After a contentious and public political battle, Major League Soccer expansion side Nashville SC and the city’s mayor, John Cooper, have reached an agreement for a 30,000-seat soccer stadium to be built at the city’s fairgrounds.
Under the agreed upon terms, Nashville SC will fund 100 percent of stadium construction with private money through investments, stadium lease payments and revenues generated by events at the stadium. Cooper and the club have agreed to a statement of principles including open space between the soccer stadium and the historic speedway at the fairgrounds.
The demolition process at the site, which will remove old expo buildings, will begin immediately, according to a release from the club.
Under this revised deal between Nashville SC and the city, “taxpayer and budget burden” for stadium construction has been eliminated, according to the release.
“I’m so glad we’ve reached a better deal for Nashville. I’m grateful to Nashville Soccer Holdings and John Ingram for understanding our city’s financial realities and agreeing to pay up to $54 million in additional costs,” Cooper said in a statement. “This deal saves the taxpayers money and provides a better site plan for the Fairgrounds. Today is an exciting step forward for sports in Nashville.”
Ingram, the owner of Nashville SC, added in a statement: “We are very happy to be moving forward with the stadium construction. The investment we are making is not just for our soccer team, it is an investment in the future of Nashville and the fairgrounds.”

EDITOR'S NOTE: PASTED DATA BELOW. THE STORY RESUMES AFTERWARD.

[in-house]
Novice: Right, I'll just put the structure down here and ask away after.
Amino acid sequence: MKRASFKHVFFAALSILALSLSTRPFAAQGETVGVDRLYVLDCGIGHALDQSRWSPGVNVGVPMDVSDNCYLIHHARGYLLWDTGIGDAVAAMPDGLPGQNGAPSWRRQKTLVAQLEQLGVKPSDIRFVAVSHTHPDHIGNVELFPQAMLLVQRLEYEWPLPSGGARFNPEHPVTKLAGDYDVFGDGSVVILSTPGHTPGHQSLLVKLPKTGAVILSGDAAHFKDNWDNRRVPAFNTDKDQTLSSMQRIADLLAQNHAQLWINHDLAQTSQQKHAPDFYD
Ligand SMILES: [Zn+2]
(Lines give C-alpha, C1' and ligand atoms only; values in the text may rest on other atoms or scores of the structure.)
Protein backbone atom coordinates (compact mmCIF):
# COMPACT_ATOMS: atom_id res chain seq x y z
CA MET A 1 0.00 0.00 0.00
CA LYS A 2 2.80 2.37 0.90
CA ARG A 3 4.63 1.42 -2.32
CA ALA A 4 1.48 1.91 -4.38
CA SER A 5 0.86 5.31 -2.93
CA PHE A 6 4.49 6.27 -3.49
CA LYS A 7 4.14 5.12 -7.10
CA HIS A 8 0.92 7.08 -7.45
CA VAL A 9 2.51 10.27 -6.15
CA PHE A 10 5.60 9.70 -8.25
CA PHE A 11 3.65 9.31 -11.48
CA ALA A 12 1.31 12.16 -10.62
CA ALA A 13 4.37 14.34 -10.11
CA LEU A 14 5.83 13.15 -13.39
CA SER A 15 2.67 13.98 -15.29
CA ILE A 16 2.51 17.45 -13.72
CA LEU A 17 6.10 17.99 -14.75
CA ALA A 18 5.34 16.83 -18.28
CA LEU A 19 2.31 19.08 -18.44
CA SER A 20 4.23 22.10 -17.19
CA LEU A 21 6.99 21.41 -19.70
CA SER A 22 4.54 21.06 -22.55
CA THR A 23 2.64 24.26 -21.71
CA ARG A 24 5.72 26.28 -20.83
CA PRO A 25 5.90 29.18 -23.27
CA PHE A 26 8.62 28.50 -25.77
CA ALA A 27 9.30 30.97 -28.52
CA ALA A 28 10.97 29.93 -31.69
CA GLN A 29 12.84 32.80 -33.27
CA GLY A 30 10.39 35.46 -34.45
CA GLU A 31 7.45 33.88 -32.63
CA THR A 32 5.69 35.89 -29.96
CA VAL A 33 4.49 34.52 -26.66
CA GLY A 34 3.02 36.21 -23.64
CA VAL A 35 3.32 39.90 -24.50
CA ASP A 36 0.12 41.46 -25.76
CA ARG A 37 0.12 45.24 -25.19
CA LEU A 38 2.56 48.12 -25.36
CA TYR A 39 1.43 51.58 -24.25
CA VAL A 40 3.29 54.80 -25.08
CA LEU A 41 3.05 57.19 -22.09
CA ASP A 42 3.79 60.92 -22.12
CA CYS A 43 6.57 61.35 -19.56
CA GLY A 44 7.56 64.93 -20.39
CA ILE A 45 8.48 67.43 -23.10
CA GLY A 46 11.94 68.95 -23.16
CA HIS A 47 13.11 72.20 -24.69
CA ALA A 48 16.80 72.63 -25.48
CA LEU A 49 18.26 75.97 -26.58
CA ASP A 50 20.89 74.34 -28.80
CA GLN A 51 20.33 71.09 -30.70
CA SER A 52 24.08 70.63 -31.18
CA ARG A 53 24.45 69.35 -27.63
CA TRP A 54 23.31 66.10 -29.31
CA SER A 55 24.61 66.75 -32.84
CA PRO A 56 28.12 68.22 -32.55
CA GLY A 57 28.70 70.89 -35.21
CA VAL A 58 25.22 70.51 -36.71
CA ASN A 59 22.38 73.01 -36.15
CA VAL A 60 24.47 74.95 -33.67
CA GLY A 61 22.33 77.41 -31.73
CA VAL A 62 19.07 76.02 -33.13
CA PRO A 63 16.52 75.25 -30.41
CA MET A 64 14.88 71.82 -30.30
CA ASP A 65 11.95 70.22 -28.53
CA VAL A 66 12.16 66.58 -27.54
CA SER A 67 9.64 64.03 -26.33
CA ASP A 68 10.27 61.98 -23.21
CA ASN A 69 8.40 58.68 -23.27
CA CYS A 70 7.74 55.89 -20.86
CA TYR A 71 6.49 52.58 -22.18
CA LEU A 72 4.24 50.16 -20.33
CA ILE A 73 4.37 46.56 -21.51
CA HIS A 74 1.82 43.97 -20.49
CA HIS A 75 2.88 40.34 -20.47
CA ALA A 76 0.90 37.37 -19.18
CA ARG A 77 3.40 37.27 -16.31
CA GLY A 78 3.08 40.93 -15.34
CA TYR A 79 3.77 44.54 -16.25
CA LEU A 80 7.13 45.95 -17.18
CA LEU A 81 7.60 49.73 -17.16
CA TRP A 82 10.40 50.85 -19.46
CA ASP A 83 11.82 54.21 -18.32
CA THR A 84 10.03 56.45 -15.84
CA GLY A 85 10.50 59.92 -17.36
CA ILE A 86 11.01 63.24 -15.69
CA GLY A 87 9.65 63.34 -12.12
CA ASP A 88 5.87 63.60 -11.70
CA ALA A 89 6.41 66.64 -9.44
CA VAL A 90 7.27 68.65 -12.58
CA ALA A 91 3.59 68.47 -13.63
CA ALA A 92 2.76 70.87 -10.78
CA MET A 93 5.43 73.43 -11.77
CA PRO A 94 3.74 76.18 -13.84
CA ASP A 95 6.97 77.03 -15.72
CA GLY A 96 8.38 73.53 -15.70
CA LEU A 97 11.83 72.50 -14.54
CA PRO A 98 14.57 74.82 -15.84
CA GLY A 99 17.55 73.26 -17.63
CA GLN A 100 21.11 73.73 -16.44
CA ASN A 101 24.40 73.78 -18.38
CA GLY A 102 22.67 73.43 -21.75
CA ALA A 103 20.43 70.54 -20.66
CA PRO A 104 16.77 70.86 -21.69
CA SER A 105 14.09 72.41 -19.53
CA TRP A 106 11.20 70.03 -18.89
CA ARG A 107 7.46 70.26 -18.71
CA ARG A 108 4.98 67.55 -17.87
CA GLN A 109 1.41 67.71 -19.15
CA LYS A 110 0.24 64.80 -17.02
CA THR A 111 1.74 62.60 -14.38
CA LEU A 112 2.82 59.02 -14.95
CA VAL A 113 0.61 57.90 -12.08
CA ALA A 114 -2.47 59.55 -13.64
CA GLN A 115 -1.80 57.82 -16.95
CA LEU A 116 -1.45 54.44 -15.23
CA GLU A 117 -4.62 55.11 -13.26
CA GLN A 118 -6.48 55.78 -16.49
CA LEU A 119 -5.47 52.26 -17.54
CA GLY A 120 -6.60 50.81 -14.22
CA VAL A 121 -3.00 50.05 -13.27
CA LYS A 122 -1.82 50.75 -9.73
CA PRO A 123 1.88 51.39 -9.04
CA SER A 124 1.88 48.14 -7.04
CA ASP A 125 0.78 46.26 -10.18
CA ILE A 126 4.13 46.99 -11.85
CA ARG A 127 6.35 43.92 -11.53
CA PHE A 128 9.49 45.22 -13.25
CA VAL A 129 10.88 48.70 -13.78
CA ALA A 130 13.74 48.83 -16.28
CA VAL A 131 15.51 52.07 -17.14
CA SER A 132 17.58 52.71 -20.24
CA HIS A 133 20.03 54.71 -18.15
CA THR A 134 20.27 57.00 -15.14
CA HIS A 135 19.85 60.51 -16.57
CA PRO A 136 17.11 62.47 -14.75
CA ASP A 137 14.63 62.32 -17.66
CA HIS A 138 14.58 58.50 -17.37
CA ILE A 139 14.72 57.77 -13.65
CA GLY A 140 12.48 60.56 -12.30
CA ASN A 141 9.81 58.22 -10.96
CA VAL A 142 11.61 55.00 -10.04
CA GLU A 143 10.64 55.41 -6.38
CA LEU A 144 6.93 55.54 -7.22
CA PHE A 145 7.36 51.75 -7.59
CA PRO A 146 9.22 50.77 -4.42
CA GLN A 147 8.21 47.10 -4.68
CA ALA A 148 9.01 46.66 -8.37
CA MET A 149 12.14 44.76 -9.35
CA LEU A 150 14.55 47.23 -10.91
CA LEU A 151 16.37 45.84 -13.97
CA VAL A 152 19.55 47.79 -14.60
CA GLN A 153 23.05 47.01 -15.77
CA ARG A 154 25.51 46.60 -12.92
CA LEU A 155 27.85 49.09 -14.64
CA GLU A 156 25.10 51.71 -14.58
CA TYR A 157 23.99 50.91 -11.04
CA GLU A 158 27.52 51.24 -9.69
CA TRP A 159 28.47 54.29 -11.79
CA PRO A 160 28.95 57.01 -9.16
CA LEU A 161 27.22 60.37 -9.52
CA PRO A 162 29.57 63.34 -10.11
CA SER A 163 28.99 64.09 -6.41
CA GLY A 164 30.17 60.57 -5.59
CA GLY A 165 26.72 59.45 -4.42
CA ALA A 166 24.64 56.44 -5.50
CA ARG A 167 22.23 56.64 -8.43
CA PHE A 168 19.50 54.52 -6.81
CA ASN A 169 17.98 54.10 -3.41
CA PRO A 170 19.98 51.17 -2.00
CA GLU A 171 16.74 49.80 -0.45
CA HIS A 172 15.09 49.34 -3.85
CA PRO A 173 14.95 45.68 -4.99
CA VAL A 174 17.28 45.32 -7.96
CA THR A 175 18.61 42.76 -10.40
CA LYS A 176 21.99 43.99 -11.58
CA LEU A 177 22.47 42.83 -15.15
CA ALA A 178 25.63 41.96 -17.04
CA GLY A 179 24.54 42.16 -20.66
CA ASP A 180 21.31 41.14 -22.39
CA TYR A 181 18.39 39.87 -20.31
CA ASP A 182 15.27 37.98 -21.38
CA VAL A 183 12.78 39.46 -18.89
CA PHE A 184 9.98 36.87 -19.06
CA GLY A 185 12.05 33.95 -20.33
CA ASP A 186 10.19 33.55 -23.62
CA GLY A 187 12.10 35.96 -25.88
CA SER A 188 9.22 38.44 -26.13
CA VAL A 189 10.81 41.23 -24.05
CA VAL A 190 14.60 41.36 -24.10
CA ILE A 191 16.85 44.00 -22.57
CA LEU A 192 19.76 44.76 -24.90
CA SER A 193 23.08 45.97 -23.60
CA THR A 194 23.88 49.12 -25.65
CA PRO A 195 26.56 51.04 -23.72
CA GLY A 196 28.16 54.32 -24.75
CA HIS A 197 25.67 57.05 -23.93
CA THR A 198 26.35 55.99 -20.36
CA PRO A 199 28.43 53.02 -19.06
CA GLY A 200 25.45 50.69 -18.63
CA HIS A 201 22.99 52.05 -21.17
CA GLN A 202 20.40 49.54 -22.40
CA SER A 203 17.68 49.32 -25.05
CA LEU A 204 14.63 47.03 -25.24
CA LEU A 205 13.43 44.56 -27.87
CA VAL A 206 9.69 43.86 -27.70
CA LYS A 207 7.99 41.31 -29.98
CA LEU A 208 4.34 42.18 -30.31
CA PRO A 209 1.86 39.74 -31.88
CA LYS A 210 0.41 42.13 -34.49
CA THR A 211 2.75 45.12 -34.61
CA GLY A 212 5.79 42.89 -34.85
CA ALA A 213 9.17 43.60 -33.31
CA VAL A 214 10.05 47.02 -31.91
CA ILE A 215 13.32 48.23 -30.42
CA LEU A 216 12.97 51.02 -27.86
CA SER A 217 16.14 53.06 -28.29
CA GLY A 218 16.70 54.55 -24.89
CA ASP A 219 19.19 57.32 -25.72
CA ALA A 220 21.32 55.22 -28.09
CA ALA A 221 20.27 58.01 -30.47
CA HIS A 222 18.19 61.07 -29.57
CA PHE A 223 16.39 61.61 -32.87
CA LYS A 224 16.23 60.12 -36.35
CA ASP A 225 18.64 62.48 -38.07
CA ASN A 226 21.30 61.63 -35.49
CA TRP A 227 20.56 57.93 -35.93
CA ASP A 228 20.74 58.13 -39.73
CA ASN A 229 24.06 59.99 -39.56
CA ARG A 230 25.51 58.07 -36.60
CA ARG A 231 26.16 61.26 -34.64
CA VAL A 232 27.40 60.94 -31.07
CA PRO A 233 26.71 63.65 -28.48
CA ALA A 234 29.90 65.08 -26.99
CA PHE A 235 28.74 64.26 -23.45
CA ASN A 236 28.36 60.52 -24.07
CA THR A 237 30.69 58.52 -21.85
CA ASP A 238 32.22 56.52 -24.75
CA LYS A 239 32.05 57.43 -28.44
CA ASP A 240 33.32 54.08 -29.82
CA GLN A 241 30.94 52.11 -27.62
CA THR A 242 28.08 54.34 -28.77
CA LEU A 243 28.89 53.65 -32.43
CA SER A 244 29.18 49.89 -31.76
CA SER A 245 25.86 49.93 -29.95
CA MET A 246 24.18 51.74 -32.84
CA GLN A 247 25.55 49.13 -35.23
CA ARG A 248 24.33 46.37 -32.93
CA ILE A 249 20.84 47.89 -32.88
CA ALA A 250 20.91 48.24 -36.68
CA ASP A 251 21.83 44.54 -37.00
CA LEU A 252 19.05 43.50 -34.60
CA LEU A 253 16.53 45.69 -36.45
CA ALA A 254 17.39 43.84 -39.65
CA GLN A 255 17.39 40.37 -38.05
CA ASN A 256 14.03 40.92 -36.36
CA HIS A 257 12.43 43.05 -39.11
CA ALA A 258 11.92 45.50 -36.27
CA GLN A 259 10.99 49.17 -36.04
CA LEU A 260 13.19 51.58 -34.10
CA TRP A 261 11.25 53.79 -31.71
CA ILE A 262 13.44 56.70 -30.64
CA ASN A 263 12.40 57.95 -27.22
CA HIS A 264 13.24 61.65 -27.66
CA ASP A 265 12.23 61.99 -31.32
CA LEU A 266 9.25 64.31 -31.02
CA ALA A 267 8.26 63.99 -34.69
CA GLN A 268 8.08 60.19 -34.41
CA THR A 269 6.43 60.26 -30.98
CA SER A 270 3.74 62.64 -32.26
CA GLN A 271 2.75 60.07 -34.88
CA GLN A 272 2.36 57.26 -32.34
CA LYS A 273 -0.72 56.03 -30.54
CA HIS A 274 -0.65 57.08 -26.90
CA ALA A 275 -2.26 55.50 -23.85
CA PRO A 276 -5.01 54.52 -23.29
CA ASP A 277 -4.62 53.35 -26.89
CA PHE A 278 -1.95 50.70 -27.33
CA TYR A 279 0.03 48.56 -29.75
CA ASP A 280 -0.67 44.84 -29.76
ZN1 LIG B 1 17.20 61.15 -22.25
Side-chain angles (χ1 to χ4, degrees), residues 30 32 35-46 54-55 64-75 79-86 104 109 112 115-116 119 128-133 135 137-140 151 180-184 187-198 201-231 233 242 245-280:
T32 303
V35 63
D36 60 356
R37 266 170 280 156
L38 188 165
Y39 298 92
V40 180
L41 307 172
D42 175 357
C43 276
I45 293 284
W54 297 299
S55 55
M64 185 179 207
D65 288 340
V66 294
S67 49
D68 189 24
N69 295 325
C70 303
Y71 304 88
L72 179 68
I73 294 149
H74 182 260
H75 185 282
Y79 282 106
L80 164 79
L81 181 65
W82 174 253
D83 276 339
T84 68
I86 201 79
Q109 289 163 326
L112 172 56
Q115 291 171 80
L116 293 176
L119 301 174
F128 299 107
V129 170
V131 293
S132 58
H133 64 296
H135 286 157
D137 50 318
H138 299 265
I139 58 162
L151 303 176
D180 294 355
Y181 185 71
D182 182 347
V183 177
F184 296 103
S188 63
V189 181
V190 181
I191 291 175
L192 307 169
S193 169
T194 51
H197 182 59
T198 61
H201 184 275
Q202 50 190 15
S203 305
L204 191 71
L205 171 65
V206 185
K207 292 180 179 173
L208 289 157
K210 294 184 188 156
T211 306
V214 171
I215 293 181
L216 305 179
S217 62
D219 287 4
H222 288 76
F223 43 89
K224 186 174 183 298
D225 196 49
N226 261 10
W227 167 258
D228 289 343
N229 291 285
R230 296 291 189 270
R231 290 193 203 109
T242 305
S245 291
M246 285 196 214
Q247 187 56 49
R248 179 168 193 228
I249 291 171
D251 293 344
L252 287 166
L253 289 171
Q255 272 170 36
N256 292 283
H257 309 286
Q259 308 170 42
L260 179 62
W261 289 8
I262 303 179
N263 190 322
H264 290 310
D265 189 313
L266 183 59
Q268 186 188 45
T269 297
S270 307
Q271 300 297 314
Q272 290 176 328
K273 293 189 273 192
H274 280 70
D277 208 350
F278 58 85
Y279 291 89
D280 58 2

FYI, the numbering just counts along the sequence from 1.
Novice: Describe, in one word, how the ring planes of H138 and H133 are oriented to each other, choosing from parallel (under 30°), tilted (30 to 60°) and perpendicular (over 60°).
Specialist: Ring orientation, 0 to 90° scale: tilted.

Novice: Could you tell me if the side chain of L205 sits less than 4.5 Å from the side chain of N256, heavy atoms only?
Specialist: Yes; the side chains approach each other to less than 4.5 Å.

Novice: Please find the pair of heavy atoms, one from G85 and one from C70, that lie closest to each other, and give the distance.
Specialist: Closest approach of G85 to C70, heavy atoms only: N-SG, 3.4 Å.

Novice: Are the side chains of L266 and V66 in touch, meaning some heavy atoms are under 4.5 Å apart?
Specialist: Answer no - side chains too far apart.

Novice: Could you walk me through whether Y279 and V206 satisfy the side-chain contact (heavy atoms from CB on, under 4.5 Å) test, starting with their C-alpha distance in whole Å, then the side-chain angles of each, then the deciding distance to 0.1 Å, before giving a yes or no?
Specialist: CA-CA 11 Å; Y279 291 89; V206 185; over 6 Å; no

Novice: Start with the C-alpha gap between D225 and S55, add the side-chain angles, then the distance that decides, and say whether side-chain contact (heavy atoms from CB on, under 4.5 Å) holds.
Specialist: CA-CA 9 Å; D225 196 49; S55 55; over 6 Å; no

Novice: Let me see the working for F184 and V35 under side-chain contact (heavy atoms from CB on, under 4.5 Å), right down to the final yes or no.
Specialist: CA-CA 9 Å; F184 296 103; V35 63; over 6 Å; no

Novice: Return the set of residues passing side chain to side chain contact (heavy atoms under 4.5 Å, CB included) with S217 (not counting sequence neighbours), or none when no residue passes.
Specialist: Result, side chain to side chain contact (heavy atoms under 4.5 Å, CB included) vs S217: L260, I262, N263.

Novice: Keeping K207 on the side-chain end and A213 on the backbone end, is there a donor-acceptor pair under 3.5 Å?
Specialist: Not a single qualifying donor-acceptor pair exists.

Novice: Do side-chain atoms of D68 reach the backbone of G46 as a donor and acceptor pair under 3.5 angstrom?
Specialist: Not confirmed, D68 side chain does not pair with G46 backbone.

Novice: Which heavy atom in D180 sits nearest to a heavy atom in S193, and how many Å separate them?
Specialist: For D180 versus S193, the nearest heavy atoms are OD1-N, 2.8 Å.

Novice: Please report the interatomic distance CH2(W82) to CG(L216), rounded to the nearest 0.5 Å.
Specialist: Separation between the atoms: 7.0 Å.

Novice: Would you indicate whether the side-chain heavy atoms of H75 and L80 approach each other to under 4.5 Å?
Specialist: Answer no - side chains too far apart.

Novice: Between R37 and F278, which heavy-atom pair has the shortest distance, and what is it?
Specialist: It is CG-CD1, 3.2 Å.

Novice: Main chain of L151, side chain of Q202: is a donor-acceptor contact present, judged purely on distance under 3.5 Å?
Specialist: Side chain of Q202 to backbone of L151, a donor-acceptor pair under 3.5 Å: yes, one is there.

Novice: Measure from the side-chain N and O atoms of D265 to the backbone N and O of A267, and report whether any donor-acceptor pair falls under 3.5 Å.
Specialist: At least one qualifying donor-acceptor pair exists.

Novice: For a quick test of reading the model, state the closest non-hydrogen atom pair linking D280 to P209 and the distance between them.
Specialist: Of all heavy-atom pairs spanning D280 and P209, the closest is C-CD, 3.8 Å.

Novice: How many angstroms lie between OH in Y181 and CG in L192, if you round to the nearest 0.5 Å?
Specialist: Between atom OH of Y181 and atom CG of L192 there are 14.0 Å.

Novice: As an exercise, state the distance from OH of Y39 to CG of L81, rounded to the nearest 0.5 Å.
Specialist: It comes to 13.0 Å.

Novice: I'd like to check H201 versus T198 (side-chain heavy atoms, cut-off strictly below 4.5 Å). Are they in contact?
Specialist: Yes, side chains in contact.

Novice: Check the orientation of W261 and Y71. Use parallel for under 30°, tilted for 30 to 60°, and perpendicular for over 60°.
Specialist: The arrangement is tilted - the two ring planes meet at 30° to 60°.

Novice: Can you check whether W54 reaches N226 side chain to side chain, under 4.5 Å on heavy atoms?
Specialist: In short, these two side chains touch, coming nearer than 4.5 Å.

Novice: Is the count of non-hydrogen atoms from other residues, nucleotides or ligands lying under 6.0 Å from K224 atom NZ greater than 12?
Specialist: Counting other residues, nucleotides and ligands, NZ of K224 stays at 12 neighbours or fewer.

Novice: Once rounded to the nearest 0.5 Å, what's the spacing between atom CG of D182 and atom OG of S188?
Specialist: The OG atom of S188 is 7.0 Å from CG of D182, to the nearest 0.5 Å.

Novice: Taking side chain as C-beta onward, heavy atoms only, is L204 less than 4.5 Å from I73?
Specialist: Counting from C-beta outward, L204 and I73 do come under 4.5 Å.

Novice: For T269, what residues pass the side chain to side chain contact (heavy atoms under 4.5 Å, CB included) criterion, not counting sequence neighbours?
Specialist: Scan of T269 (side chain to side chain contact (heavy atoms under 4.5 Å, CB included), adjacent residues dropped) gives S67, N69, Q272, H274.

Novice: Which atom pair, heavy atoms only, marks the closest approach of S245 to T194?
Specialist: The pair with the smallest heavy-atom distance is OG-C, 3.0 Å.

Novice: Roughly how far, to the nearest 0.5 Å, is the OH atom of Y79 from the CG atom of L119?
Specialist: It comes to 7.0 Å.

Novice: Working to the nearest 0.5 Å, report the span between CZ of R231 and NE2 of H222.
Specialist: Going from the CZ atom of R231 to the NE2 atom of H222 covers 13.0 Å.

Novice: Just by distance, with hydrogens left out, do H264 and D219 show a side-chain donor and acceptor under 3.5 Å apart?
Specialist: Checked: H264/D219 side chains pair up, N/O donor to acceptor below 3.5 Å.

According to releases from the club and Cooper’s office, the revised stadium plan includes the following updates:
- Nashville SC will pay for infrastructure in the immediate vicinity of the stadium estimated to be $19 million.
- Nashville SC will assume the city’s obligation to pay up to $35 million toward lease payments.
- Nashville SC has agreed to a general statement of principles for parcel 8C in the 10-acre mixed-use development to account for an open plaza that can serve the operational needs of multiple fairgrounds uses.
In short, Nashville SC is on the hook for a bigger portion of the cost of the stadium than it previously was. The city will still issue $225 million in bonds for the stadium and pay $25 million for stadium-related infrastructure, according to the Tennessean.
One of the elements holding up progress on a deal between the club and the city for a stadium was NASCAR entering the picture. Speedway Motorsports made a $60 million pitch to renovate Fairgrounds Speedway Nashville, according to the Tennessean. Cooper was attempting to rework an agreement that his predecessor, David Briley, had made with Nashville SC.
Earlier this week, Cooper met with Tennessee governor Bill Lee and told WKRN-News 2 that he requested state funding to help bring NASCAR to the fairgrounds. Cooper also told WKRN-News 2 that he predicts to see both MLS and NASCAR at the fairgrounds in the future.
When Cooper refused to sign documents that would allow demolition to begin, Nashville SC and MLS applied public pressure on the city and Cooper, sending letters, issuing statements and beginning a social media petition and campaign powered by the hashtag “#BuildTheStadium.”
While Cooper and the club have an agreement, there is still an ongoing lawsuit that could impact the stadium’s progress. A group of flea market vendors called “Save Our Fairgrounds Coalition” sued the city in September over the stadium plans, arguing that a soccer stadium would make it impossible for the Nashville Flea Market to operate there, according to the Tennessean. On Feb. 5, a judge ordered that the case can proceed to trial.
As a USL Championship club in 2018 and 2019, Nashville SC played the majority of its matches at First Tennessee Park, a venue primarily used for minor league baseball. This season – its first in MLS – the club will play its matches at Nissan Stadium, home of the NFL’s Tennessee Titans.
For its home opener on Feb. 29 vs. Atlanta United FC, the club has already sold more than 30,000 tickets and will open the top level of the stadium.